Camellia suggestions

mickey_ncSeptember 8, 2008

This is my first post and I'm a garden neophyte so bear with me. Trying to decide on which camellia's to plant for a shaded area in my North Carolina back yard. The location is in a natural area at the beginning of a wooded lot so nothing will be behind the plants other than the wooded area. Would like a fall flowering plant and need help deciding which would be the most stunning. I have room for 4 plants which will be 4 to 6 feet apart. Any suggestions??

As a side note I'm also looking for other semi shade plants to be placed in front of the camellia's. I have 30 feet of space from the camellia's to my yard so plenty of room to add multiple species and would like to step them down from back to front so all will be in full view. 40 feet from side to side. Any suggestions would be appreciated.

Thanks

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luis_pr

I find that this is usually a matter of personal taste so you need to make the choices. For example, some people only like certain colors. And then camellia blossoms come in various forms and some people prefer certains ones only (they blossom types are called single, double, anemone, peony, formal double and semi double. Then you have to choose between early flowering (sasanquas) or late flowering (japonicas).

I suggest you start by going to various websites and nurseries (Internet AND local)where you can view the camellia flowers and then decide. Local nurseries that specialize in camellias should have a supply throughout the year. Other local ones may have low inventories now and get big shipments in mid-to-late fall or early winter (varies). You can see some at Lowes and Home Depot too but, as I said, the inventory is probably small now.

Start with this one website:

http://sazanka.org/wordpress/species-and-cultivars-gallery/

Another place to browse is Monrovia, a wholesaler. Go to their website and use the SEARCH or ADVANCED SEARCH to find "camellia".

www.monrovia.com

Mail order / Internet Nurseries:

http://www.camforest.com/
(in Chappel Hill, N.C.; speciaslizes in camellias; perhaps you can visit them?)

http://www.camelliashop.com/

http://www.greergardens.com/camellias1.htm

You can also visit the American Camellia Website. The link below gets you to a webpage with information on growing, planting, fertilizing and companion plants. Look for a link called "Good Garden Varieties" after you click on the link titled "Growing Camellias".

Luis

Here is a link that might be useful: American Camellia Society Website

    Bookmark   September 10, 2008 at 5:16AM
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mickey_nc

Thanks Luiz. I will follow your suggestions.

    Bookmark   September 10, 2008 at 11:03AM
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tnangela

Well I'm sure camellia lovers all have their favorites. I have a small collection and I'm partial to 'Fairweather Favorite' thus far.

    Bookmark   October 1, 2008 at 8:19PM
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joydveenc7(7a)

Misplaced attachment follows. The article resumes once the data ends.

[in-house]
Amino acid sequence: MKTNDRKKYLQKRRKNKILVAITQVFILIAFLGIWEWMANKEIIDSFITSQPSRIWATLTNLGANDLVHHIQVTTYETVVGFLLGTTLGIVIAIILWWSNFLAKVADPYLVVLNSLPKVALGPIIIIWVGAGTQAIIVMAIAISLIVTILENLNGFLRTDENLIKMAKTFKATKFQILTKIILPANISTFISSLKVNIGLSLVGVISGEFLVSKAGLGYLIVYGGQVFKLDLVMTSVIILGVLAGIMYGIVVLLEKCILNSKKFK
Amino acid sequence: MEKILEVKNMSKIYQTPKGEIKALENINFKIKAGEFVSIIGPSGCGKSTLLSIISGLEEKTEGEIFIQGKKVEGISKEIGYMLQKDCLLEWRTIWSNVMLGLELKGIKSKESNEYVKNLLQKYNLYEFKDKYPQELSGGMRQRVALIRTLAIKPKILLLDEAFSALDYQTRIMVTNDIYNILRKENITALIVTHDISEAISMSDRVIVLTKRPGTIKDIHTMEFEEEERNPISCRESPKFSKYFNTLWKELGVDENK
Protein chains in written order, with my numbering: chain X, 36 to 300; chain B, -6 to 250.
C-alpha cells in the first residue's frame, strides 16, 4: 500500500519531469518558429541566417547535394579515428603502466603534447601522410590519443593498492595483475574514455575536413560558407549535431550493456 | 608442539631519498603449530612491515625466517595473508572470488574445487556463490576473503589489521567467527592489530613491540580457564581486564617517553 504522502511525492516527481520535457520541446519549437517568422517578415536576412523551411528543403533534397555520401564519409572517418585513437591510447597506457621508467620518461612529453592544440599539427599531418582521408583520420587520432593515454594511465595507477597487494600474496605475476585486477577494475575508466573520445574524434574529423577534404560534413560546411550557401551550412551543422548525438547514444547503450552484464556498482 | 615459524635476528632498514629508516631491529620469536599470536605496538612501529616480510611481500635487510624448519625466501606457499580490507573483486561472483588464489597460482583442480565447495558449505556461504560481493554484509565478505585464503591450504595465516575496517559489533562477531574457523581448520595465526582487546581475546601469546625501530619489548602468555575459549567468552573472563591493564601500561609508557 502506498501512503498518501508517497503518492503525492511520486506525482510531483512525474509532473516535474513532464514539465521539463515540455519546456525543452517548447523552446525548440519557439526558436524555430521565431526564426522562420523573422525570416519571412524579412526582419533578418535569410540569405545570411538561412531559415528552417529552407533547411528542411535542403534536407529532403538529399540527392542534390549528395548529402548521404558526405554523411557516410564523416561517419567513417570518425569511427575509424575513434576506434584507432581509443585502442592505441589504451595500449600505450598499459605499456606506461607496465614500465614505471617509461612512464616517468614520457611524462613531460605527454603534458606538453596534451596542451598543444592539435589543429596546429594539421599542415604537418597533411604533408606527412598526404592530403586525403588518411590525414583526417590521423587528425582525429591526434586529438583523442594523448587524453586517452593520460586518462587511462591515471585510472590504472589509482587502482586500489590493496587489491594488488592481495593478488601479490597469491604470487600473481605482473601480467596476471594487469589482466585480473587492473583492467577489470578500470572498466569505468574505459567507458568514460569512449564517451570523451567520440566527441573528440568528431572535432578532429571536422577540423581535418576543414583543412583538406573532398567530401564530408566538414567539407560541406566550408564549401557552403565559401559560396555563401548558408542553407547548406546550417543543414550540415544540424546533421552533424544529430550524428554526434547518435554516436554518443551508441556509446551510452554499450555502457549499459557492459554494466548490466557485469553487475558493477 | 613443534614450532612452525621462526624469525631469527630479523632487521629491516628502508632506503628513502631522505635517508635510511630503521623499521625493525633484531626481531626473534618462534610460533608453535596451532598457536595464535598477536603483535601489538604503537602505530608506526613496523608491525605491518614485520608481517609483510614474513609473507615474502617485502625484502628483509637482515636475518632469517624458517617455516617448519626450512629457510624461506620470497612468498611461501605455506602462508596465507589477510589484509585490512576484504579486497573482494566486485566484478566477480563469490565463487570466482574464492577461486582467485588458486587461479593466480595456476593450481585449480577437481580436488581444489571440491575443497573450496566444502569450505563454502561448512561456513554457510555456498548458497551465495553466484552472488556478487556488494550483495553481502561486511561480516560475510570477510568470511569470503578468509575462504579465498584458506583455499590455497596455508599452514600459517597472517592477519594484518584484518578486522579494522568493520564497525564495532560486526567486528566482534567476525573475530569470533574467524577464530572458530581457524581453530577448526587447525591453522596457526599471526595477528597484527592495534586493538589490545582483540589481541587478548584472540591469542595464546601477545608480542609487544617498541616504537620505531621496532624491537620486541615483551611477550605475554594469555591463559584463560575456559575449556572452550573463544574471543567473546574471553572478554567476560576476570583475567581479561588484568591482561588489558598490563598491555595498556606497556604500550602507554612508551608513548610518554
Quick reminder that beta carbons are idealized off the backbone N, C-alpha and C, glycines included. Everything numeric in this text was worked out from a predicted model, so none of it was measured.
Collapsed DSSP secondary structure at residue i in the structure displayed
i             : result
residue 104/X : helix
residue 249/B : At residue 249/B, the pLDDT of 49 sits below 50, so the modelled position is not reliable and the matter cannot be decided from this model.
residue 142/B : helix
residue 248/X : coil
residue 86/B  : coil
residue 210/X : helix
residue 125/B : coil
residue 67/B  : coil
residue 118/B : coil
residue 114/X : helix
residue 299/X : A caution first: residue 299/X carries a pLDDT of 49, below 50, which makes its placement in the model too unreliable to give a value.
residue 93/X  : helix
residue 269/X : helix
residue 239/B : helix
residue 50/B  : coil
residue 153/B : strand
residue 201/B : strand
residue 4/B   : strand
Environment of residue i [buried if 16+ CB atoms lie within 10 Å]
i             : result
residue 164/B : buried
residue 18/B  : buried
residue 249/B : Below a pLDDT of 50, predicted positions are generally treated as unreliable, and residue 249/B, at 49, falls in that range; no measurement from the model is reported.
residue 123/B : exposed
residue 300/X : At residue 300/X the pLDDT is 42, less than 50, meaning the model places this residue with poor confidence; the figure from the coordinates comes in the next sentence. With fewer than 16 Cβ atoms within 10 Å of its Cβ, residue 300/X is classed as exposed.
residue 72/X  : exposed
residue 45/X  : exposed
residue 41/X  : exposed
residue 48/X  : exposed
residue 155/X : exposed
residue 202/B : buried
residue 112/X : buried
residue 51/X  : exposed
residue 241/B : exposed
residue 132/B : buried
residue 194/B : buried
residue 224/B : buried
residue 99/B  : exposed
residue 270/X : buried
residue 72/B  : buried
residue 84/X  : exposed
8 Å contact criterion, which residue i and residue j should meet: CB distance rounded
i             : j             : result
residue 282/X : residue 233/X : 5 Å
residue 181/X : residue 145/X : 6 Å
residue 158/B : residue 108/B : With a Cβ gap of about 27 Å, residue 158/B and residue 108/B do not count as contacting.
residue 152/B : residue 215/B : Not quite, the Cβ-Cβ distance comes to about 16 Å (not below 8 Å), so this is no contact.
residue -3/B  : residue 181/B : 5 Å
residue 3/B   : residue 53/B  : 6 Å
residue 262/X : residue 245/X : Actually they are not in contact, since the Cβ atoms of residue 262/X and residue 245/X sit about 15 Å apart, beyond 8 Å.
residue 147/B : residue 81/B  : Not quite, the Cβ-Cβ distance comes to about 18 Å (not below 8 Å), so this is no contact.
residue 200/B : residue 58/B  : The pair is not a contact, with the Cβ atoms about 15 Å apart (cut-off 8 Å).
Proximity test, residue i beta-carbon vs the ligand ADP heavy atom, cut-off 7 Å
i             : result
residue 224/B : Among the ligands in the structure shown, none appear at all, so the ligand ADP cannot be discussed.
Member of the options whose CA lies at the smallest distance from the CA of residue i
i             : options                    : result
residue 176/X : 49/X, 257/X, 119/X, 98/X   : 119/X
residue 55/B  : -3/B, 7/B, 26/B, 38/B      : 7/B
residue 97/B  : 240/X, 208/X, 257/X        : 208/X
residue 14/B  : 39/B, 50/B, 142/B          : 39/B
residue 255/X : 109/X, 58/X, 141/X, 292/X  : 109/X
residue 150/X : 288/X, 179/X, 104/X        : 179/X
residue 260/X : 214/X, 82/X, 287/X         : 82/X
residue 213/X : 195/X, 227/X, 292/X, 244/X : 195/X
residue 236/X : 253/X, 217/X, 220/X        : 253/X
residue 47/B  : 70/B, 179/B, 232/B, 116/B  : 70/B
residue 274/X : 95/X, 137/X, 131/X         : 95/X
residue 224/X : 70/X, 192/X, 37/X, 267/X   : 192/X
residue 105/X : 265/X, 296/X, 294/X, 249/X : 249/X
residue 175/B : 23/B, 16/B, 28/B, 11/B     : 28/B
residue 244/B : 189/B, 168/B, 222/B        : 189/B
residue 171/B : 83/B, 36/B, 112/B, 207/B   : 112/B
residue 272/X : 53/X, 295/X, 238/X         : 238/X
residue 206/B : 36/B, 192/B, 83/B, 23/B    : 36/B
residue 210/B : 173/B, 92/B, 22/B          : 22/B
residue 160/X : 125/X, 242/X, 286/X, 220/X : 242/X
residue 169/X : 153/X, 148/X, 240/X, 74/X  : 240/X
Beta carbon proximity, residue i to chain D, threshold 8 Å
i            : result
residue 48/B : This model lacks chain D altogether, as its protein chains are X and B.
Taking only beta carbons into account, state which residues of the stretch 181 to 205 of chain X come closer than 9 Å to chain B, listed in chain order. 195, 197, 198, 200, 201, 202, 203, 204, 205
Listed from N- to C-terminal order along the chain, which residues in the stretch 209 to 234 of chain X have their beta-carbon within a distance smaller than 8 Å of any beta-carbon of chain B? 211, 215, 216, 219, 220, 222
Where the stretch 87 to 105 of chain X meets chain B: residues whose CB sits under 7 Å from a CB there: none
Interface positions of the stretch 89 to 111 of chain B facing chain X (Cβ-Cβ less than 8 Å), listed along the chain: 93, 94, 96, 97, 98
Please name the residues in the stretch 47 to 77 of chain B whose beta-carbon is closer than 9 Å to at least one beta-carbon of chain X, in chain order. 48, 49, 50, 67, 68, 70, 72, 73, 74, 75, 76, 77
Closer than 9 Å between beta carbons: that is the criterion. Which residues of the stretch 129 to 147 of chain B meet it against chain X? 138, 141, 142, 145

Hi Mickey. I bought several sasanquas from Camellia Forest at their open house last spring. The plants grew beautifully through this summer and have budded heavily. I'm partial to red so I got Midnight Lover, but the walk through the greenhouses was terrific - so many choices and the japonicas were full-out at the time. Anyway, if you end up mail ordering, I recommend them from experience.

    Bookmark   October 1, 2008 at 9:24PM
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ibartoo(z8 sc)

I am very partial to sparkling burgundy. However if you really like red, try yuletide. It is gorgeous too.

    Bookmark   October 7, 2008 at 5:31PM
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nippersdad

Hello Mickey:

I don't see your zone in your post (sorry if I missed it), but you will probably want to research the hardiness of whatever camellia cultivar you choose.

Once you have determined if your cultivar will be happy at your elevation you might want to consider bloom type. As japonicas bloom in winter and spring months, cold wet weather can quickly spoil the blooms you have been so eagerly awaiting. For japonicas, the less complex the bloom, the more likely it will remain unspoilt by winter weather. With sasanquas (for the most part) as they bloom in the fall you have much less of a liklihood of damage to bud and bloom.

You might also want to consider deer browsing on your new bushes. I don't know how much of a problem they are in your neighborhood, but they can be devastating before they outpace grazing heights.

    Bookmark   October 12, 2008 at 12:23PM
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camelliagirl(8)

There are lots of great organizations that provide information about camellias - just type in Camellias from the search under the GardenWeb heading. Also check out Garden Bazaar from Gardenweb.

Here is a link that might be useful: Garden Bazaar

    Bookmark   October 26, 2008 at 10:11PM
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cervelo(1)

For fall blooming you will be limited to mostly sasanquas, I like "Albino" its a white & like most sasanquas its a profuse bloomer. I saw one in a friends yard one day, it was a plant about 8' tall and bushy and what a sight!! looked like a brazillion(ask George Bush how many that is)blooms on it ,couldnt hardly see any leaves for all the blooms. A nice red one is "Yuletide" some folks call it the christmas camellia but its not as fast of a grower as the others
Good luck

    Bookmark   December 18, 2008 at 6:58AM
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